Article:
By Matt Bevan, ABC radio
The number of mistakes made by the Australian Bureau of Statistics leading up to and on census night was astonishing—and nearly all of them were due to poor communication skills, writes Matt Bevan.
The idea of counting the population of your jurisdiction has been around for a while—6,000 years actually, since the ancient Babylonians. A census is central to the story of the birth of Christ. That such an old idea could be so contentious is pretty astonishing.
The ABS decided to retain name and address information for four years instead of 18 months, and then failed to adequately explain to the public why they were doing it. The ABS actually announced this intention in November last year. The fact they allowed the public concerns to peak the day before the census was a massive error in communication.
Then, when privacy concerns were raised, they assured the public everything was very safe and secure, and there was no way any hackers were getting in. While this makes sense in reassuring the public, it also serves as a challenge for hackers to have a crack.
The privacy debate was underlined by a threat—if you don’t fill out your census correctly you will face a fine.
As census day approached, the ABS had rolled out a lovely advertising campaign involving a pause logo—meant to embody the idea of pausing to reflect on who we are. Cute.
They were also encouraging people to share their ‘#MyCensus moment’. I’m sure someone at a marketing company was very happy.
But, they say the bookies always have it right, and online bookmakers had the possibility of a site crash priced at $1.50 leading into the big day.
And so the predictable happened.
At 10:08 am, monitoring systems detected the first denial of service attack, a comparatively simple procedure involving a lot of requests being sent to a targeted server all at once. It’s analogous to 100 people trying to get through a single doorway at the same time. It gets jammed up, and nobody gets through.
Another attack came at 11:46 am. At 11:50 am, the ABS blocked all international connections to their servers and figured that was that. The public had not been told about any of this.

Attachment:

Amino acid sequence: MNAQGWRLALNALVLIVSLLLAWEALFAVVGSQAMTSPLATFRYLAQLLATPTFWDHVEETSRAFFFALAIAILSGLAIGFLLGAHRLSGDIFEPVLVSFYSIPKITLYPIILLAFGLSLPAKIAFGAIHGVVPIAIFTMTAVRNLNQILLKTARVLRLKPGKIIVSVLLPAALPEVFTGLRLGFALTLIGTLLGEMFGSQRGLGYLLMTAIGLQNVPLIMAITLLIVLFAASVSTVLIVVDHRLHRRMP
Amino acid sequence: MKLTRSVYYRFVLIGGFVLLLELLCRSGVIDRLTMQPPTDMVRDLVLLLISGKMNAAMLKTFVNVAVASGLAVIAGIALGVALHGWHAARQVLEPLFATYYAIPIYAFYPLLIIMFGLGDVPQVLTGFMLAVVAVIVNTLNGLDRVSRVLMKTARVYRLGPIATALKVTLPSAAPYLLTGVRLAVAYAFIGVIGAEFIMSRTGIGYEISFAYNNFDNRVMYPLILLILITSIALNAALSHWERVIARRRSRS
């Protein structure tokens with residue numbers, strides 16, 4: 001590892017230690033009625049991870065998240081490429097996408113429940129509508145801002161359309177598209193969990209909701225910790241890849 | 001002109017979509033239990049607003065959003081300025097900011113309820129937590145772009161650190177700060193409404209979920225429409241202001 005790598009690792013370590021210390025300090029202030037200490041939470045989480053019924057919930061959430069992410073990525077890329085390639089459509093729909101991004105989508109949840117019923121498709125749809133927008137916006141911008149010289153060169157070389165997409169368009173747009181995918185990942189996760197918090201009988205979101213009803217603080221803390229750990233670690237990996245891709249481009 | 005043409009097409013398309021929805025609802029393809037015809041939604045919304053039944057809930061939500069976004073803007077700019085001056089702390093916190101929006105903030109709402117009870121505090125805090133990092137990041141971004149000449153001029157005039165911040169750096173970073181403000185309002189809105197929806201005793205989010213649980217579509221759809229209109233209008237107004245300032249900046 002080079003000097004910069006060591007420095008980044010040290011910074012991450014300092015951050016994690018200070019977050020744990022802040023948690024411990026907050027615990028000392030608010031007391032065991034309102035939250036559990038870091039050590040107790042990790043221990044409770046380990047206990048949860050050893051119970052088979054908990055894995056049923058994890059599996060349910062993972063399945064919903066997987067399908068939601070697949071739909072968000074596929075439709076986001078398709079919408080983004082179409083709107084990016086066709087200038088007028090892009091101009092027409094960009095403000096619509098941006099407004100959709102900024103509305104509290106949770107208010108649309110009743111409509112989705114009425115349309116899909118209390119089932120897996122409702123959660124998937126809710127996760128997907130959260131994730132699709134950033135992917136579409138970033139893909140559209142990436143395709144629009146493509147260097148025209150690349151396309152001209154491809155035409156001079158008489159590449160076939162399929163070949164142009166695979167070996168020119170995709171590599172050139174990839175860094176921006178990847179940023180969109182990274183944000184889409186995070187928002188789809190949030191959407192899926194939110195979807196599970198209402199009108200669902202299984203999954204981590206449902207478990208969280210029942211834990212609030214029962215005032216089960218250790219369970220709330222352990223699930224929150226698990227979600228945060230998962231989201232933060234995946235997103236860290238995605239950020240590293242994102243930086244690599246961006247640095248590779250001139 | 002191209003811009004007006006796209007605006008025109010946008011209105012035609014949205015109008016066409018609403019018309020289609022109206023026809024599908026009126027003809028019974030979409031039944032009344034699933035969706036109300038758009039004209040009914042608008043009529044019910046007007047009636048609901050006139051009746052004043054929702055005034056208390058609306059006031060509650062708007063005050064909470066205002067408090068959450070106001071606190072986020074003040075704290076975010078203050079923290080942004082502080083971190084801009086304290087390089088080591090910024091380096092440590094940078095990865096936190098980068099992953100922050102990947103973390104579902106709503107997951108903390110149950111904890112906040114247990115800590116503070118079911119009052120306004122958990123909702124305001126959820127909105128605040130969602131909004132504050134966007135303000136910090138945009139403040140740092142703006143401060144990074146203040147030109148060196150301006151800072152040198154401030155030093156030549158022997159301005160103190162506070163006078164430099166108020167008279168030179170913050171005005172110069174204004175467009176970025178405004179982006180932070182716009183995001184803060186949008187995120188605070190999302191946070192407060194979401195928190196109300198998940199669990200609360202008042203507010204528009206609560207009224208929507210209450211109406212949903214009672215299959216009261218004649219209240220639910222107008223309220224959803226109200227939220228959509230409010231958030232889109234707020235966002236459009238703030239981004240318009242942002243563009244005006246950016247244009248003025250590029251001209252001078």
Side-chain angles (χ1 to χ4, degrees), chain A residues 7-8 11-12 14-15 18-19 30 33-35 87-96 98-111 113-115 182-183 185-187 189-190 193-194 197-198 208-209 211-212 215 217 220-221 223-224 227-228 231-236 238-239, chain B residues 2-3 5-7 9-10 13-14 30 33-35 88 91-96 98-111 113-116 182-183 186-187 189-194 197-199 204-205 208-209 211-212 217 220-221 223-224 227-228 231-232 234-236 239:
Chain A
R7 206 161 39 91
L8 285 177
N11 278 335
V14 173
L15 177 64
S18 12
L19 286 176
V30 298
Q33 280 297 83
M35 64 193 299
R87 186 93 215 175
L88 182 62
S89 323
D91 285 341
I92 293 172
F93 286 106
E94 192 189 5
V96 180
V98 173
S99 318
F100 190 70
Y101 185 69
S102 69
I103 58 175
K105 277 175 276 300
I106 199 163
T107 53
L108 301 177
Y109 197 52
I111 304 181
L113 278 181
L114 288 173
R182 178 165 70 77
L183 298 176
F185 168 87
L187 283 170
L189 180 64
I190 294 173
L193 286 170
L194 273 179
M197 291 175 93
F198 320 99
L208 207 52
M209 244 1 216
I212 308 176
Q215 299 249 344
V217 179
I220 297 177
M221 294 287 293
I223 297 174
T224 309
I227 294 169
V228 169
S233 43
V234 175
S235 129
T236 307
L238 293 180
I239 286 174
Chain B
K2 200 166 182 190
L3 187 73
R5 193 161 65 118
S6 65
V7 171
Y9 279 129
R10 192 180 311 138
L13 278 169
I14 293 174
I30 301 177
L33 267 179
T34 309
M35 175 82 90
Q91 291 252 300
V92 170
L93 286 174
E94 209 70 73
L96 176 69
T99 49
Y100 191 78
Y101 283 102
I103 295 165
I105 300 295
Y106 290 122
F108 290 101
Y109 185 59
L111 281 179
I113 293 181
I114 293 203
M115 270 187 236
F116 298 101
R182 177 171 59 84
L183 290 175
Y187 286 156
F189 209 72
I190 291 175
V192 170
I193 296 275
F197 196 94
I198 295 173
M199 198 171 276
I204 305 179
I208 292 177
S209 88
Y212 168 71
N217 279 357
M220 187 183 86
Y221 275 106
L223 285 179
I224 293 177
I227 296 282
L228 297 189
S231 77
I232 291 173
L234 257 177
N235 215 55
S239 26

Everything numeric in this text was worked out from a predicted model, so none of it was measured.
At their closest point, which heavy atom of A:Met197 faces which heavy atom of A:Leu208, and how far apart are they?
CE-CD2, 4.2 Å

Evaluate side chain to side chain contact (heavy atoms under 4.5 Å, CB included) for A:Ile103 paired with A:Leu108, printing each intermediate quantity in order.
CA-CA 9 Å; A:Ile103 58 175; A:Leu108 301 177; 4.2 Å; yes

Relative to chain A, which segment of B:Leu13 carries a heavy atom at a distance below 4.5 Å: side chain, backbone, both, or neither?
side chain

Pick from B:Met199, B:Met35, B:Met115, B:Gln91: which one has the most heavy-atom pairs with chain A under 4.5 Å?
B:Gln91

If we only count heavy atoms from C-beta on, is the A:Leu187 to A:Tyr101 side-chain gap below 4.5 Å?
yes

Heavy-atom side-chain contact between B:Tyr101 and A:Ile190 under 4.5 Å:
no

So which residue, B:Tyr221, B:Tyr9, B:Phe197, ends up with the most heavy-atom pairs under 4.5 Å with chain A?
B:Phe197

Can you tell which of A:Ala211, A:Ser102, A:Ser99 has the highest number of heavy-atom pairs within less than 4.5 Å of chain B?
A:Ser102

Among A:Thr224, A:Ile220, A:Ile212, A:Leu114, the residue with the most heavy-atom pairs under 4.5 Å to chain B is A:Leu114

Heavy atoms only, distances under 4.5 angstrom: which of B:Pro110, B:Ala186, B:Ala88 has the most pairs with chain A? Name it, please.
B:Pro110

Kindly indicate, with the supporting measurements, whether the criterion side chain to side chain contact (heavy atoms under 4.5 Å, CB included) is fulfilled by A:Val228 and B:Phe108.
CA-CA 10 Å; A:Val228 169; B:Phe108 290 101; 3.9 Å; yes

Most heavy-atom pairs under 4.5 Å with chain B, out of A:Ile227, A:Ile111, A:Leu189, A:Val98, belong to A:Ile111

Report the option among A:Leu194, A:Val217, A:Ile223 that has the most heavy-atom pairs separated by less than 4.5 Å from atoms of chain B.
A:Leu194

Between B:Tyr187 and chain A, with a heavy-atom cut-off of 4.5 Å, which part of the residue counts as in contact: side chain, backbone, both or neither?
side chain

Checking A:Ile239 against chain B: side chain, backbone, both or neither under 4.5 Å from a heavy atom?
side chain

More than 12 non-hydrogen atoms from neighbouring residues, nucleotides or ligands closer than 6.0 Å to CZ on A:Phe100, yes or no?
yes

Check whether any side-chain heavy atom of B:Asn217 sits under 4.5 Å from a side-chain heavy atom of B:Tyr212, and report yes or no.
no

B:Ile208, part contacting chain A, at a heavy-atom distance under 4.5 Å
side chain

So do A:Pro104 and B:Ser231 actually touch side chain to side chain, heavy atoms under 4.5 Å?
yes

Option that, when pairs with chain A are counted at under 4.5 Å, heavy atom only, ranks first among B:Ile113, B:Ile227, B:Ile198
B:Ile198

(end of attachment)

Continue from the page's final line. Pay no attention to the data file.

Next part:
There were more attacks at 4:58 pm and 6:15 pm.
At 7:30 pm, though, everything went horribly, horribly wrong. A massive denial of service attack began, just as millions of Australians finished dinner and logged on to complete their census. At 7:45 pm, the ABS shut down the site to prevent a loss of data.
The public were still kept in the dark.
In fact … though the site was inaccessible from 7:30 pm, the ABS Twitter account kept replying to people complaining about it, saying this:
Standard practice when someone reports that a website is broken is to test it before you declare that the problem is at the user’s end.
Then, at 8:26 pm, the ABS Twitter account started spamming Twitter users, saying everything was fine, and they should log on now.
Despite declaring at 8:38 pm that there was a problem with the website, the spam continued. Over the following 76 minutes, the ABS fired off 76 tweets encouraging people to log on, even when they knew full well that the website had been shut down. Meanwhile, the public was giving up. Journalists and politicians alike threw in the towel and went to bed.
At 11:00 pm, the ABS gave up. They said the website was down and wouldn’t be restored that night. The website had been off for over three hours. Meanwhile, many members of the public, genuinely concerned that they would be fined if they couldn’t log on, had stayed up past their bedtimes.
The following morning, on ABC News Radio, ABS chief statistician David Kalisch blamed overseas attackers.
Just over four hours later, the assistant treasurer denied both that there was any attack, and that its source was overseas.
It’s difficult to fault the statistical and technical staff at the ABS for what happened. The statistical staff wanted to do more with the name and address data, so they asked to keep it for longer. The technical staff detected an attack and took security precautions.
Now, it could be argued that the techies should’ve expected a denial of service attack, but that’s another story.
In this instance, the failure was in communication. The ABS failed to explain their decisions, failed to inspire the public, failed to tell the public there was a problem, and then failed to explain themselves afterwards.
Let’s hope the data collection doesn’t fail too.